How to Write a Cover Letter

Yes, cover letters seem basic, but writing them isn’t so basic at all. Here’s how to write a terrific cover letter.

How to Write a Cover Letter

What’s a cover letter?

You’ll find all sorts of definitions, but here’s ours: It is a single-page letter that introduces you, highlights your relevant experiences and/or skills, clearly displays your interest in a specific job, and provides you with a chance to thank your future interviewer. It’s sent with your resume to a potential employer when applying for a job. It’s personal, which means a few things: It shows respect for the company and position, it is written in your unique voice, and may even tell a story about you. Oh, one more thing—it’s super important, if you couldn’t tell already!

Do I need a cover letter?

Honestly, the answer is a bit complicated but leans towards yes. Typically, the more white-collar the job (think office settings), the more often a cover letter is required; the more blue-collar the job (think manufacturing facilities), the less often a cover letter is required.

However, the main point is this: even if an employer makes no mention of a cover letter—in other words, it’s optional—it’s in your best interest to write and send one anyway. Because while a resume showcases your chronological experience and hard skills (technical skills that are learned on jobs), a cover letter better conveys your personality, excitement for the opportunity, and soft skills such as ambition, communication and leadership.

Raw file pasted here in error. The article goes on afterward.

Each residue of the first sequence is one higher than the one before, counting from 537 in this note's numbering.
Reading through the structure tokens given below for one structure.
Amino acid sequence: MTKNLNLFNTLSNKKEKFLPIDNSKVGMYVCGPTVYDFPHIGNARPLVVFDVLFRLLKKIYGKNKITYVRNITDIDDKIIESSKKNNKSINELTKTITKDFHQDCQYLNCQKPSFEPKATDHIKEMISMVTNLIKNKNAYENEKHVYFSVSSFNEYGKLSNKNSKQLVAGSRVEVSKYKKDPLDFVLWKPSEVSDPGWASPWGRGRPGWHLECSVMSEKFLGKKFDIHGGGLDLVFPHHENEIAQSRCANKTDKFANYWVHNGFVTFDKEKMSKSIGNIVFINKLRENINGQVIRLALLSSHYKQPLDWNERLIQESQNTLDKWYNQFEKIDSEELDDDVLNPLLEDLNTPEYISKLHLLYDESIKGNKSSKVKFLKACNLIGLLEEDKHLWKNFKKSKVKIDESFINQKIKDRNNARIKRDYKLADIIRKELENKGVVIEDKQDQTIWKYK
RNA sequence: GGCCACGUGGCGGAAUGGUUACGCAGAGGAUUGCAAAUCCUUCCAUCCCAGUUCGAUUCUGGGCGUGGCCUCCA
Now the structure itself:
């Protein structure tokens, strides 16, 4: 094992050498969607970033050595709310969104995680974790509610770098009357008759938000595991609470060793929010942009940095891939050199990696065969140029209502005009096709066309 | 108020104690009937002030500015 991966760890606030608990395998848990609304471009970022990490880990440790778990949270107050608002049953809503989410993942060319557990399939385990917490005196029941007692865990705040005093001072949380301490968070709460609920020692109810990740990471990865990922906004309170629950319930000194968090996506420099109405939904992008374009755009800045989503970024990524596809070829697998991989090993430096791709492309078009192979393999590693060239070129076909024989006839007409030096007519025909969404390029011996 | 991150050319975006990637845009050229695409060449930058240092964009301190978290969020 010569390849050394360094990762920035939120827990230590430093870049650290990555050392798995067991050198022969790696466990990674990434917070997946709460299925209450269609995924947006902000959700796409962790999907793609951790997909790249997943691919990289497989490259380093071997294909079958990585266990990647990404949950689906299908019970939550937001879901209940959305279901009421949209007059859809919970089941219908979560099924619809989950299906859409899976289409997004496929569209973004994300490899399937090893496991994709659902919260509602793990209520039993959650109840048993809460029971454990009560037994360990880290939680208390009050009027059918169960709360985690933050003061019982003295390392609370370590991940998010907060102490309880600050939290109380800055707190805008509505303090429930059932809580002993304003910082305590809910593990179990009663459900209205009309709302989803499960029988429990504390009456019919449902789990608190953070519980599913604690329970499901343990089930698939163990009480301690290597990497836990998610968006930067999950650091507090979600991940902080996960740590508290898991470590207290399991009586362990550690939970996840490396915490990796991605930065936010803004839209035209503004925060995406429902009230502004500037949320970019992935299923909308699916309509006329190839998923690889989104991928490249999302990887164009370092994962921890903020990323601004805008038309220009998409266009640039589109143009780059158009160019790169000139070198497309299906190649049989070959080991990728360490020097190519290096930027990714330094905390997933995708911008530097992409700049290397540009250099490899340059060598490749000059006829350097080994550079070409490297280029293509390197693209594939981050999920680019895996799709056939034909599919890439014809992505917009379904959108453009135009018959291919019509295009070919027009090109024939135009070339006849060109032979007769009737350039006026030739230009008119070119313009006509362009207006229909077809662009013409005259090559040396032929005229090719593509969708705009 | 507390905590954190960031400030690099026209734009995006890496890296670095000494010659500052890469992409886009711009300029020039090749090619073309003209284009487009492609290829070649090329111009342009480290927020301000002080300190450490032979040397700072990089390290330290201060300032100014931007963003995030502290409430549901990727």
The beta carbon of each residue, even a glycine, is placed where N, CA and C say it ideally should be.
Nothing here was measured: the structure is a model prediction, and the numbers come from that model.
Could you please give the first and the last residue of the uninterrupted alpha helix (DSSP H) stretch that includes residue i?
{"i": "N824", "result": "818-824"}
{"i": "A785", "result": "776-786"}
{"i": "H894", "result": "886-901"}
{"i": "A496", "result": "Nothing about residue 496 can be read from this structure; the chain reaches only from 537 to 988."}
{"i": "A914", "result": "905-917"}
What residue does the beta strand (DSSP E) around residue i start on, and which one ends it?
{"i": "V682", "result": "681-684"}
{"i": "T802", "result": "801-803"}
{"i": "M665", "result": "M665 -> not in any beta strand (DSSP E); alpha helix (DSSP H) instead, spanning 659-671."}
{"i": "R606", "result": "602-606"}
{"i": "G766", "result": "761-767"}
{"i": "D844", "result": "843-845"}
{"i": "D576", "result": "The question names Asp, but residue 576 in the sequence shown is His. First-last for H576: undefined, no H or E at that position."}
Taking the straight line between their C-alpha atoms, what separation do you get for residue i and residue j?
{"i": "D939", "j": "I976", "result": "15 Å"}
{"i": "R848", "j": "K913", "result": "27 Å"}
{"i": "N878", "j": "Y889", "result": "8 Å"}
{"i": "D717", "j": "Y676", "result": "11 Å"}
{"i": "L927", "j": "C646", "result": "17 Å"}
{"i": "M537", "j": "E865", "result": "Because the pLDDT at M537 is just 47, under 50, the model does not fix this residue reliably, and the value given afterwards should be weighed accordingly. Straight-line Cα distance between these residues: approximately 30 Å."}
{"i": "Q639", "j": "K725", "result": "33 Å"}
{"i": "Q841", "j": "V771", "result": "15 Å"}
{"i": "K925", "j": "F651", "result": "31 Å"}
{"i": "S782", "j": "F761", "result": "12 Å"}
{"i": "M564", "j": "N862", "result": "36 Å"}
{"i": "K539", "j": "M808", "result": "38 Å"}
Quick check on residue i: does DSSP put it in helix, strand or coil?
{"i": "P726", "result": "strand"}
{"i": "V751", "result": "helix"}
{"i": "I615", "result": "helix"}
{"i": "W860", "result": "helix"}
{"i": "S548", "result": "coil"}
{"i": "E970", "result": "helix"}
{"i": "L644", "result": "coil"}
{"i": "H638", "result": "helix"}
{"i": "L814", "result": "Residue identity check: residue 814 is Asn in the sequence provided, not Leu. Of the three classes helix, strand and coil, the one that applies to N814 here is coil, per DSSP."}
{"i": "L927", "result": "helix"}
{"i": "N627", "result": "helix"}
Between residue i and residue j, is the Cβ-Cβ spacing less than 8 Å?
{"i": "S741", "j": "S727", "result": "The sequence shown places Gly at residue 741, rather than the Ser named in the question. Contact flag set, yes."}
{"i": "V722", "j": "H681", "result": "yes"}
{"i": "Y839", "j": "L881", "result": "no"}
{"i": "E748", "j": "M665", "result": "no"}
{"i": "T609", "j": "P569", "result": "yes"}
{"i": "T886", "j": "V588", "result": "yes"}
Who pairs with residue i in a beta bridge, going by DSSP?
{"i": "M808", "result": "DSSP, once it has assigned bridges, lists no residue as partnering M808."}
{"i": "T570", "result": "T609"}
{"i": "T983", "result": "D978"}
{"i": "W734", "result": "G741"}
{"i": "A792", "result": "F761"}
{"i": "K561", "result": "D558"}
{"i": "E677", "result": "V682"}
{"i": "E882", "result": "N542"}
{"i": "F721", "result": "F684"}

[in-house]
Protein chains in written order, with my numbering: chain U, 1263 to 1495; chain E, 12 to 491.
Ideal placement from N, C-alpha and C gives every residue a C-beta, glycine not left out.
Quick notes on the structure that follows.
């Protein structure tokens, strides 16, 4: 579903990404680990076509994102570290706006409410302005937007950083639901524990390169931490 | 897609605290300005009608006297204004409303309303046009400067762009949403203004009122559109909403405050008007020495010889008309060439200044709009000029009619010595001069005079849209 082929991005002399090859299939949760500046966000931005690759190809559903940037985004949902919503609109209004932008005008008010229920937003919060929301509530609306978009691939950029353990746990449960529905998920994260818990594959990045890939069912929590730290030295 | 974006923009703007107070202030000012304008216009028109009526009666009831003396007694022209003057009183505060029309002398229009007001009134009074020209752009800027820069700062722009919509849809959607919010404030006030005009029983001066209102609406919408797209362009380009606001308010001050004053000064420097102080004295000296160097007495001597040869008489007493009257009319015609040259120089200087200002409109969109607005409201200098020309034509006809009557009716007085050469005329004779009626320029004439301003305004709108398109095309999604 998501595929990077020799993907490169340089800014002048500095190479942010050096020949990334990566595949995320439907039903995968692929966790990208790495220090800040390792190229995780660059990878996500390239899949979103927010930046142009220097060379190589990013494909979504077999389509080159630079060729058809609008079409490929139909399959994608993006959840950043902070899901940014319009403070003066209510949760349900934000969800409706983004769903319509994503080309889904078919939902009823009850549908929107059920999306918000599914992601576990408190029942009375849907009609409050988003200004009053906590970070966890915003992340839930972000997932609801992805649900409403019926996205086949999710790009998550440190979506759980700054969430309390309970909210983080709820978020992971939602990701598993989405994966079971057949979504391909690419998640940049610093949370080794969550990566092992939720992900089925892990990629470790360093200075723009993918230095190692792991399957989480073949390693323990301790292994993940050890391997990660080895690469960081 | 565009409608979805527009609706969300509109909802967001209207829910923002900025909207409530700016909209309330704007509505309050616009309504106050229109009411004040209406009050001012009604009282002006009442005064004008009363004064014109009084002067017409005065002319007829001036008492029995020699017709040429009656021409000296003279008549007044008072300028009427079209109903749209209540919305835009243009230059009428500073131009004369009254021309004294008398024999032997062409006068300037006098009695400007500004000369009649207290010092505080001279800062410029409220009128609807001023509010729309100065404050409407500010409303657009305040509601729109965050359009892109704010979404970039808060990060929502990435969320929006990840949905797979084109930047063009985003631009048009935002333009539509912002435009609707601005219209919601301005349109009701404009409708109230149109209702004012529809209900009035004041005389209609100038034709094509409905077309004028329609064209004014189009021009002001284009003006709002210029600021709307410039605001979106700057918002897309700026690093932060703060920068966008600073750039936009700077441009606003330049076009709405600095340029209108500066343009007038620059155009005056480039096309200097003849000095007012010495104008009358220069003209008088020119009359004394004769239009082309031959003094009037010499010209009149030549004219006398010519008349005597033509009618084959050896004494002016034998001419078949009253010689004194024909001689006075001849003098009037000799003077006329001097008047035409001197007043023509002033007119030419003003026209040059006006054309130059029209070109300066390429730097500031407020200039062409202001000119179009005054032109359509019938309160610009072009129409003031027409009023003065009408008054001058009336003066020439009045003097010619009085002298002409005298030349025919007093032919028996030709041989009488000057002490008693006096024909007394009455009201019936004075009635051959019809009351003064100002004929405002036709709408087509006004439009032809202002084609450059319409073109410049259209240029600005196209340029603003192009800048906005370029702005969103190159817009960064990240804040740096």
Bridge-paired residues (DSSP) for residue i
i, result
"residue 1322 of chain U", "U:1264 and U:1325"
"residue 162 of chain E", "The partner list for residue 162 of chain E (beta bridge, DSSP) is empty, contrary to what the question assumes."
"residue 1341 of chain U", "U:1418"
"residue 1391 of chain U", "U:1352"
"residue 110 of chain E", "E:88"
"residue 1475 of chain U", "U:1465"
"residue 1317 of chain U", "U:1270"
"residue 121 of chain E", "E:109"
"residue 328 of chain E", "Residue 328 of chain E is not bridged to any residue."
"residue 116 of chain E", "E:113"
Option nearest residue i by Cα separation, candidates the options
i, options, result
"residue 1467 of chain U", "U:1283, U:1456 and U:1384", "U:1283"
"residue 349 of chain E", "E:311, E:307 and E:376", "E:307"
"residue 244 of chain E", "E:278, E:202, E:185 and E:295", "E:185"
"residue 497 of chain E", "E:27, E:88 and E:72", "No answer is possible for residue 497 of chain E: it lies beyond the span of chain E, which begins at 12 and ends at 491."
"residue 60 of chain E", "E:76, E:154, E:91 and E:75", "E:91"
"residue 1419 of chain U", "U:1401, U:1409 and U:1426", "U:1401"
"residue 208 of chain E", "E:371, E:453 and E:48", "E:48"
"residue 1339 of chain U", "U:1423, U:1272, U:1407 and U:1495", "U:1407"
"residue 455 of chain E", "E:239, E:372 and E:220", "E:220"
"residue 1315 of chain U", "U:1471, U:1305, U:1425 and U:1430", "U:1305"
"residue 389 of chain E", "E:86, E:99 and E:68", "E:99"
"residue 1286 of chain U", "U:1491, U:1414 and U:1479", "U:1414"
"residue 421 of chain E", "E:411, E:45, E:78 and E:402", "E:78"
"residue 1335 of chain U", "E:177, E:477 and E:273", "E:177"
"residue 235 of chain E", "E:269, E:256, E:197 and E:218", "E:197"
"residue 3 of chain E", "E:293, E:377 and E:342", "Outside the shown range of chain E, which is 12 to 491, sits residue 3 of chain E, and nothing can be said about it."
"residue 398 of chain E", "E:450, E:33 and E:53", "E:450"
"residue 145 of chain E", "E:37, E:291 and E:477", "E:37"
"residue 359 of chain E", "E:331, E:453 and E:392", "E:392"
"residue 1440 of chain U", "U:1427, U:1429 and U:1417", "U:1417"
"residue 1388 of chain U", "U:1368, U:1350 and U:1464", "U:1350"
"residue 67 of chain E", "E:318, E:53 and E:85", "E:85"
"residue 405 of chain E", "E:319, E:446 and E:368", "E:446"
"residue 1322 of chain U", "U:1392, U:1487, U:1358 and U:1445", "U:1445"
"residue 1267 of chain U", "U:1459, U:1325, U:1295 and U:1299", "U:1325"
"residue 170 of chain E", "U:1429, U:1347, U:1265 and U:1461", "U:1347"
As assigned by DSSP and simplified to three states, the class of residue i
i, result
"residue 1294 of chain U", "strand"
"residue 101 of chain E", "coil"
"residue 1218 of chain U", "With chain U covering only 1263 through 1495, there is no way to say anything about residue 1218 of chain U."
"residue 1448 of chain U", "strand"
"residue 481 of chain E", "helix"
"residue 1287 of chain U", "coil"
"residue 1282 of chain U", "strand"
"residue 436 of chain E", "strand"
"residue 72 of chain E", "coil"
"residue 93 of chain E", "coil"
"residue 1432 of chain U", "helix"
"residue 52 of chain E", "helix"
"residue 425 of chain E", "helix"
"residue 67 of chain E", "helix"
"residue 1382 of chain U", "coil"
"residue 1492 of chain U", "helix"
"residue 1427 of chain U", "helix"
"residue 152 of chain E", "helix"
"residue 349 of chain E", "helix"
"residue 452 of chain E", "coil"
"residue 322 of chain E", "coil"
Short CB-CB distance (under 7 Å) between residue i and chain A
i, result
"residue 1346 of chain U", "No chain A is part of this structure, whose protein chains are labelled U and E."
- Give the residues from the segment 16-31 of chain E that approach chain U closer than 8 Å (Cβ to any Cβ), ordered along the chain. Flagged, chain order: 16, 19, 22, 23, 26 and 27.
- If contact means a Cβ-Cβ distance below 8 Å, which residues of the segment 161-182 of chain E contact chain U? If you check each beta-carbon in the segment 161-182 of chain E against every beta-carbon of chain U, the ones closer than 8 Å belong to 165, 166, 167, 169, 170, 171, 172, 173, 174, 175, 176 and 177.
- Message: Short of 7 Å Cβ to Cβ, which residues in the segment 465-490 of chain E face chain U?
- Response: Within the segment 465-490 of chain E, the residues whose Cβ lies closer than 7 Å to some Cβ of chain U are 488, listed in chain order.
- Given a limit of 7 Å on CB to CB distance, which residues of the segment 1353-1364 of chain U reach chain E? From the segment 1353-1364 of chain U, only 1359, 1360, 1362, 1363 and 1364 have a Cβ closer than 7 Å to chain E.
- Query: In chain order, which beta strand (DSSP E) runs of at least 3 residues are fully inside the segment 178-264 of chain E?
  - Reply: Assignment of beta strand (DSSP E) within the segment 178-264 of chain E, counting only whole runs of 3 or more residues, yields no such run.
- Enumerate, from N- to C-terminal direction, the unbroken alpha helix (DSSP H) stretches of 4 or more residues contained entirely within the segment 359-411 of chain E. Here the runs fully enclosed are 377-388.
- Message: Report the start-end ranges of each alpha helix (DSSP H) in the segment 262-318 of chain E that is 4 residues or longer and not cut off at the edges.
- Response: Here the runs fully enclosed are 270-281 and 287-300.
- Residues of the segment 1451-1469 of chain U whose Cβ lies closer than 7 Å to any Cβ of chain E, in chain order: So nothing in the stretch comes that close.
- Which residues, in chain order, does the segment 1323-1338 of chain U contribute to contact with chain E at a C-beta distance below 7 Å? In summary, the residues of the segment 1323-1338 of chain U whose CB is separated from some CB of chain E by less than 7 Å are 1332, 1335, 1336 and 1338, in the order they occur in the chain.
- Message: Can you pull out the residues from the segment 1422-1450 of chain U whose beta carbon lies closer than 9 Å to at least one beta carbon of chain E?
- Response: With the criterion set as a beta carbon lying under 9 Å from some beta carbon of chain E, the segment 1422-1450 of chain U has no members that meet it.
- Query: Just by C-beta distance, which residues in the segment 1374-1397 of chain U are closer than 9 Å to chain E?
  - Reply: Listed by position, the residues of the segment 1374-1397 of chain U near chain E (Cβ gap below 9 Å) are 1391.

How long should my cover letter be?

People have short attention spans… like, shorter than goldfish’s believe it or not. We’re basically trained to be distracted, jumping from one task to another and one screen to another. Time is valuable and people don’t seem to have much of it—especially a hiring manager. That’s why your letter needs to be well written, easy to read and one page. Everything that needs to be said should fit on one page. (See our sample cover letter at the end of this article.)

How personal should I get?

Kind of goes without saying, but make sure to address your letter to the right person. You don’t want Mrs. Smith in accounting to get your letter, when it’s meant for Mr. Smith in operations. True personalization goes much further than that though. Find a way to compliment Mr. Smith, a way to express your admiration for the company. That type of stuff goes a long way.

When it comes to your own personal feelings, don’t be shy. Be transparent with your excitement and enthusiasm. Do this by writing how you feel, not like a robot. If you want to use a certain adjective, do it. If you want to use an exclamation point, do it. Be as natural as possible without going overboard and coming off unprofessional. Hiring managers appreciate this and can better gauge whether you fit not only the position, but also the company’s culture.

Should I brag?